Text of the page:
Life On Offshore Oil Rigs
1. Working Conditions on Oil Rigs
- Life and work conditions on the board of offshore oil rigs are heavy and strict.
- Drilling, construction or metallurgical workers on offshore oil rigs and their respective assistants work outdoors in rough weather conditions.
- Timetables and shifts are another very important subject when it comes to oil rig jobs. They vary, depending on the company and the type of position. A very general type of timetable is consisted in fourteen days on, followed by fourteen days off.
- Hourly schedules timetables for oil rig jobs vary from 80 to 100 hours/week and this may seem like a very long and tiring working week on oil rig platform. But, it should be considered that offshore workers are in the workplace 24 hours per day.
- On the other hand, time off on oil rig jobs is one of the attractive side of this sort of posts. Few positions on offshore jobs offer the workers so much time to carry out their private and familiar activities or to devote to another job or business.
2. Accommodation on Oil Rigs
- At any one time you will find nearly 200 people living and working on a rig. Of course, being in such a confined space means you need to be able to get on with people and conflict must be avoided. You could find you are spending more time with your roommate than your family.
- There have been oil rigs which, after being rated, were considered to be the same quality as a four or five star hotel.
- You will get cabin with up to 2 to 4 bunk beds, desk and chair, T.V. and telephone. Space is very tight.
- Crew members share cabins with one, two or three team members, depending on the position.
- Your bedroom is not only serviced but generally your bed is made for you and the bathroom cleaned.
3. Food on Oil Rigs
- The galley and dining room/mess are normally found on a lower deck and meals are provided around the clock.
- The main meal times are at 0500-0700hrs, 1100-1300hrs, 1700-1900hrs and 2300-0100hrs, but the galley is open almost 24 hours a day so you can obtain snacks in between meal times.
- The quality of food varies from rig to rig but is usually pretty good.
- Alcohol being forbidden offshore, there’s only non-alcoholic wine or beer to wash down the feast.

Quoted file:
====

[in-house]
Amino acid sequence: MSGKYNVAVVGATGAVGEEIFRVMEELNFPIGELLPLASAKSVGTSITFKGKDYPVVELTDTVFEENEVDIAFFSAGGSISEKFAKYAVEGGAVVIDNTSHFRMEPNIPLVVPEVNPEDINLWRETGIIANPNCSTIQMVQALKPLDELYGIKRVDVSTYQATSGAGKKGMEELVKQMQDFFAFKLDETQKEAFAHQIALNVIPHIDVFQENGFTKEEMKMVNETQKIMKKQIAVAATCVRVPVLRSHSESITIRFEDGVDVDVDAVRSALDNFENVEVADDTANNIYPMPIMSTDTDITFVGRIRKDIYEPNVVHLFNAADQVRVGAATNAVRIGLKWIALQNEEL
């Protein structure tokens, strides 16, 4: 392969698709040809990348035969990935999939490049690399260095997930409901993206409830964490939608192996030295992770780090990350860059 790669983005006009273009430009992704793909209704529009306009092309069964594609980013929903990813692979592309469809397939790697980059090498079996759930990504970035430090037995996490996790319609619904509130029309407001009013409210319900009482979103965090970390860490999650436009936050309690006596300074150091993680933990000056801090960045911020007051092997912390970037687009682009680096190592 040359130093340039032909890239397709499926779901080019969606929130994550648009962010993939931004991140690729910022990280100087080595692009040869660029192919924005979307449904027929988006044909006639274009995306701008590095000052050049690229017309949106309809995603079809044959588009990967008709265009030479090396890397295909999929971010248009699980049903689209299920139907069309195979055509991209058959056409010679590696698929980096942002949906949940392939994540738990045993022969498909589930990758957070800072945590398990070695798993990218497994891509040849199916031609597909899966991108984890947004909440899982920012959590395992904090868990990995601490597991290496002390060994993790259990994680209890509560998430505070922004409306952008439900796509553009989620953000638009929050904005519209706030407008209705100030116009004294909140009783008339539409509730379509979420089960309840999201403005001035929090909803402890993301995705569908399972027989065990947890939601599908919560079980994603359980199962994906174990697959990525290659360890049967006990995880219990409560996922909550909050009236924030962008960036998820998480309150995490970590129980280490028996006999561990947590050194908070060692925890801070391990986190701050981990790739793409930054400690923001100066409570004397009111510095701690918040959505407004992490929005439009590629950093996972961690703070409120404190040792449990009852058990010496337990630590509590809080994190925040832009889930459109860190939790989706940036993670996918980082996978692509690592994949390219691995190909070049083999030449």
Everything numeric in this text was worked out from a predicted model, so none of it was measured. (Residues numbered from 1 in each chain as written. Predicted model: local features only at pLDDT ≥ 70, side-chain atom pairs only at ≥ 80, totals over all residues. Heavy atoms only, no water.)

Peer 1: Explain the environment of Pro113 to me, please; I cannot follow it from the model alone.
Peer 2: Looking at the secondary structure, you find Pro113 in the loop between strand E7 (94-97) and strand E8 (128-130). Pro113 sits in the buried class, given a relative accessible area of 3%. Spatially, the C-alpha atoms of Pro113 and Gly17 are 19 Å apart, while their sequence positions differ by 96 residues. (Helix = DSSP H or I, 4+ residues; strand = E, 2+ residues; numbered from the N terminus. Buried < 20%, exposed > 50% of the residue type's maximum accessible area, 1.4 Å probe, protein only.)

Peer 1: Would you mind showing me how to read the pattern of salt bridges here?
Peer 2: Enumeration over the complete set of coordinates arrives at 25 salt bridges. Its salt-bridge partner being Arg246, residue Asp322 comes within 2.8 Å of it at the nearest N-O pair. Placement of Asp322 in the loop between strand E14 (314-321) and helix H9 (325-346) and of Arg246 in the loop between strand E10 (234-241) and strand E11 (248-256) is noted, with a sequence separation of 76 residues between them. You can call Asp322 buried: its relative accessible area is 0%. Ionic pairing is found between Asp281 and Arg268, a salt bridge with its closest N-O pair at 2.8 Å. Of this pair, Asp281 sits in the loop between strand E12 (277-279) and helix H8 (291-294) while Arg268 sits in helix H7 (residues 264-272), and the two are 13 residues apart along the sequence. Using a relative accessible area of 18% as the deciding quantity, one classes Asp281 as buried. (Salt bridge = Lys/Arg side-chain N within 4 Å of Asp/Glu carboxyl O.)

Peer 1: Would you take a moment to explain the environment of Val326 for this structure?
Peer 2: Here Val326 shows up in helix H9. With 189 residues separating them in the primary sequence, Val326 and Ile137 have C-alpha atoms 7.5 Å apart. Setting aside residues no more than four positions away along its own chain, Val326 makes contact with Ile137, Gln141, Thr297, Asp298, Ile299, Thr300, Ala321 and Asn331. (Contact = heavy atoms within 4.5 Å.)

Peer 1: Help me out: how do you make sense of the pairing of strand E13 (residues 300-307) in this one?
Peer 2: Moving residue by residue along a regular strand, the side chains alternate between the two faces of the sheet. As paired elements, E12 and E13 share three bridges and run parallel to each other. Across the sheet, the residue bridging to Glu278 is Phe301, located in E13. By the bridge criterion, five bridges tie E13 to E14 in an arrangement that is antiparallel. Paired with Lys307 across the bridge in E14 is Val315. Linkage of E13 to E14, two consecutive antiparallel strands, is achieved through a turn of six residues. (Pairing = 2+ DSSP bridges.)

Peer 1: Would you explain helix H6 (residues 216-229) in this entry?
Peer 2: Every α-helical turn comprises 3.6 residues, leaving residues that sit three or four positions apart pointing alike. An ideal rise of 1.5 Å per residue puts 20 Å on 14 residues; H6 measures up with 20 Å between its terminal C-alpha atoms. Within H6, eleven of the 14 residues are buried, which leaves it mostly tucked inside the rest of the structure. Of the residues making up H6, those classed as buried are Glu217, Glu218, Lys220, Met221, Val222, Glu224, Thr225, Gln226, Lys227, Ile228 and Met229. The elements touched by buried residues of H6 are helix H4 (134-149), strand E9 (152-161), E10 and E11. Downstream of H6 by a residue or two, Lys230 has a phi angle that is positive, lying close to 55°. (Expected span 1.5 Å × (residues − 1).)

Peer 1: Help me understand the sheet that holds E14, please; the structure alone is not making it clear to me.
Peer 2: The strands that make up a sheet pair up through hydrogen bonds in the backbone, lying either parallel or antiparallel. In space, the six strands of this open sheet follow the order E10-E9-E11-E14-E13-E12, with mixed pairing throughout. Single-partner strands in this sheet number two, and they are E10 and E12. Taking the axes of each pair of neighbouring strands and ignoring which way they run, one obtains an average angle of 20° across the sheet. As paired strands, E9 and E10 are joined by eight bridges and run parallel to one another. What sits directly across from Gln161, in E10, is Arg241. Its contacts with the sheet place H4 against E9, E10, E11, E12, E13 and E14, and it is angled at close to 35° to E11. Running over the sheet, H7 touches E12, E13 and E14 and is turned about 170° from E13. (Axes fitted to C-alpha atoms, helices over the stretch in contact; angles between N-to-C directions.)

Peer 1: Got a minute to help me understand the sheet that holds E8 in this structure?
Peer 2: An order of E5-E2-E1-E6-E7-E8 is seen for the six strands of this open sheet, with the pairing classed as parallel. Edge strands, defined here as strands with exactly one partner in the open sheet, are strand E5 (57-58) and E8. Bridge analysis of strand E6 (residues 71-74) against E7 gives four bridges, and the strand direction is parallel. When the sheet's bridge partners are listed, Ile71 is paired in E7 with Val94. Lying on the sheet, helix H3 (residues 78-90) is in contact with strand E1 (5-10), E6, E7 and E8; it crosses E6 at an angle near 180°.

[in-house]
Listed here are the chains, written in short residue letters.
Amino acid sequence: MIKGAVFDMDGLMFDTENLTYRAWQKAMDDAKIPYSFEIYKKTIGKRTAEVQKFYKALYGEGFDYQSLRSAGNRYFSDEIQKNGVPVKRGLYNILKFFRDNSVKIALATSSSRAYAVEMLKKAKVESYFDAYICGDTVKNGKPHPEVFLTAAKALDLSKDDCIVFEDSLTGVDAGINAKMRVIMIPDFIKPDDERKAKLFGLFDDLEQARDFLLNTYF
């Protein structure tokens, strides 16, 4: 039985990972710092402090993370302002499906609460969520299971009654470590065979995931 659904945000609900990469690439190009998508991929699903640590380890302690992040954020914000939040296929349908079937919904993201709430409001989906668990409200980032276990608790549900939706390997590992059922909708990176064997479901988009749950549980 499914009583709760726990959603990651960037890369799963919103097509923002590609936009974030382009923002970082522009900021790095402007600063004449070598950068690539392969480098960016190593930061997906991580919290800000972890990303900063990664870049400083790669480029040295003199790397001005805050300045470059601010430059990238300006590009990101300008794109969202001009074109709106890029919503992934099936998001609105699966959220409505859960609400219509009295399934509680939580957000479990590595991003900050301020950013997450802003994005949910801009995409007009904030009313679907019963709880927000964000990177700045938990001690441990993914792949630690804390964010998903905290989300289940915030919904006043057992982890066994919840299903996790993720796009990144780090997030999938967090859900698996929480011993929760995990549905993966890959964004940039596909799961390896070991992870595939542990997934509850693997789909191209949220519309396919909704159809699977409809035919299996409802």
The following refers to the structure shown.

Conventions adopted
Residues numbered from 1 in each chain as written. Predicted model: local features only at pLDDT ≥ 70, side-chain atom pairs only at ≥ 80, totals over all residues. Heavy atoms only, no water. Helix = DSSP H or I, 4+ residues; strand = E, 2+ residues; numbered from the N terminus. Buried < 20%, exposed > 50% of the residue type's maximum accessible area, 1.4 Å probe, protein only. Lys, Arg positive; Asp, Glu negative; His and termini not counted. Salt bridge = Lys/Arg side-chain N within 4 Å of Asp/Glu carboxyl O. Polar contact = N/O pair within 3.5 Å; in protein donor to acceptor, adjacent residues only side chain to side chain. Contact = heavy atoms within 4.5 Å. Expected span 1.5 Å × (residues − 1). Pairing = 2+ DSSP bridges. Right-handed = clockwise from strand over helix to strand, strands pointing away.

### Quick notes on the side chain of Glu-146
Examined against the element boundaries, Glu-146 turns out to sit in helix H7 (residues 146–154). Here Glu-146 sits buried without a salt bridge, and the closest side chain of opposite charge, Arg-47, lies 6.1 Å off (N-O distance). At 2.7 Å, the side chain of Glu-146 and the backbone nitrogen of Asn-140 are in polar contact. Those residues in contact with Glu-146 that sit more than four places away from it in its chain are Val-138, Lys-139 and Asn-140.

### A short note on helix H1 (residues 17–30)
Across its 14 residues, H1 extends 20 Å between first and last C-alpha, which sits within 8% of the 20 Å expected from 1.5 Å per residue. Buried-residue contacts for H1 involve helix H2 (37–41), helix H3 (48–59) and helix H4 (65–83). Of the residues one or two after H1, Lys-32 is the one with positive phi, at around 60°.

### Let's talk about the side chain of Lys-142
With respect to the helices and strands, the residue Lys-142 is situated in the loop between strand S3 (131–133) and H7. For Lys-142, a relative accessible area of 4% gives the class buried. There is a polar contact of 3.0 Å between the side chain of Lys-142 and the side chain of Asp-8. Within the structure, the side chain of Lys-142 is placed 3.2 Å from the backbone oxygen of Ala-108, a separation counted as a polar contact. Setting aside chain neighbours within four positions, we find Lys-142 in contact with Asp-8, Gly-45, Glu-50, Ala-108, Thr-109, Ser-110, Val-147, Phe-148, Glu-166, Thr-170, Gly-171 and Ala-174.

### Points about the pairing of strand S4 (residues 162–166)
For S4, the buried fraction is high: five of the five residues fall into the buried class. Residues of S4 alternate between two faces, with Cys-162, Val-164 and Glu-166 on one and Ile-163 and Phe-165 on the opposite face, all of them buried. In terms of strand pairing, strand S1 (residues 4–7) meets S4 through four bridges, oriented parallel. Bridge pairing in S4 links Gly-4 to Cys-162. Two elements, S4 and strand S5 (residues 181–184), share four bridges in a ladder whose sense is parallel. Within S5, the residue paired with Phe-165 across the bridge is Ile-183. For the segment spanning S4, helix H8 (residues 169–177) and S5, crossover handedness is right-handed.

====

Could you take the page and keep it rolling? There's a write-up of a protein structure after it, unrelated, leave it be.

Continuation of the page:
4. Amenities on Oil Rigs
- Most rigs these days have reasonably well-equipped gymnasiums on board. Big TV screens on the walls is also pretty commonplace, and someone has usually rigged up some sort of sound system that you can plug your iPod into if you want to listen to music.
- Many rigs also have additional recreational activities like table tennis tables, pinball machines, saunas,
- Most people also have hard drives full of movies that they take out with them and watch on their laptops while lying in bed.
5. Laundry on Oil Rigs
- One of my favourite things about working offshore is that you don’t have to do any cooking, cleaning or washing of clothes.
- Before you go to bed, you place your work clothes from that day in a laundry bag and place them on the floor in the corridor outside your cabin and from there they get collected by one of the utilities and washed, dried, folded and placed back on the floor outside your door so by the time you wake up they are ready to wear again
6. Communication on Oil Rigs
- Satellite communications equipment is becoming ever-increasingly sophisticated offshore with online communications for workers wanting to connect with loved ones back home now an accepted standard of living conditions offshore.
- There will always be two separate communication networks; one provided by the drilling contractor and one provided by the operating oil and gas company. Both of these networks provide free wifi for the workers onboard the rig
- Mobile/cell phone use outside of the accommodation block is absolutely prohibited, as is taking photos.
7. Medical Facilities on Oil Rigs
- All rigs have day shift and night shift medical personnel on board, and usually one of them will be a fully qualified medical doctor.
- They work out of a reasonably well-equipped “hospital” which is located in the accommodation block and usually in an area that can be easily accessed from the helideck.
- The medics who work on the rigs are generally ex-military personnel and well equipped to deal with the first aid treatment of serious trauma injuries.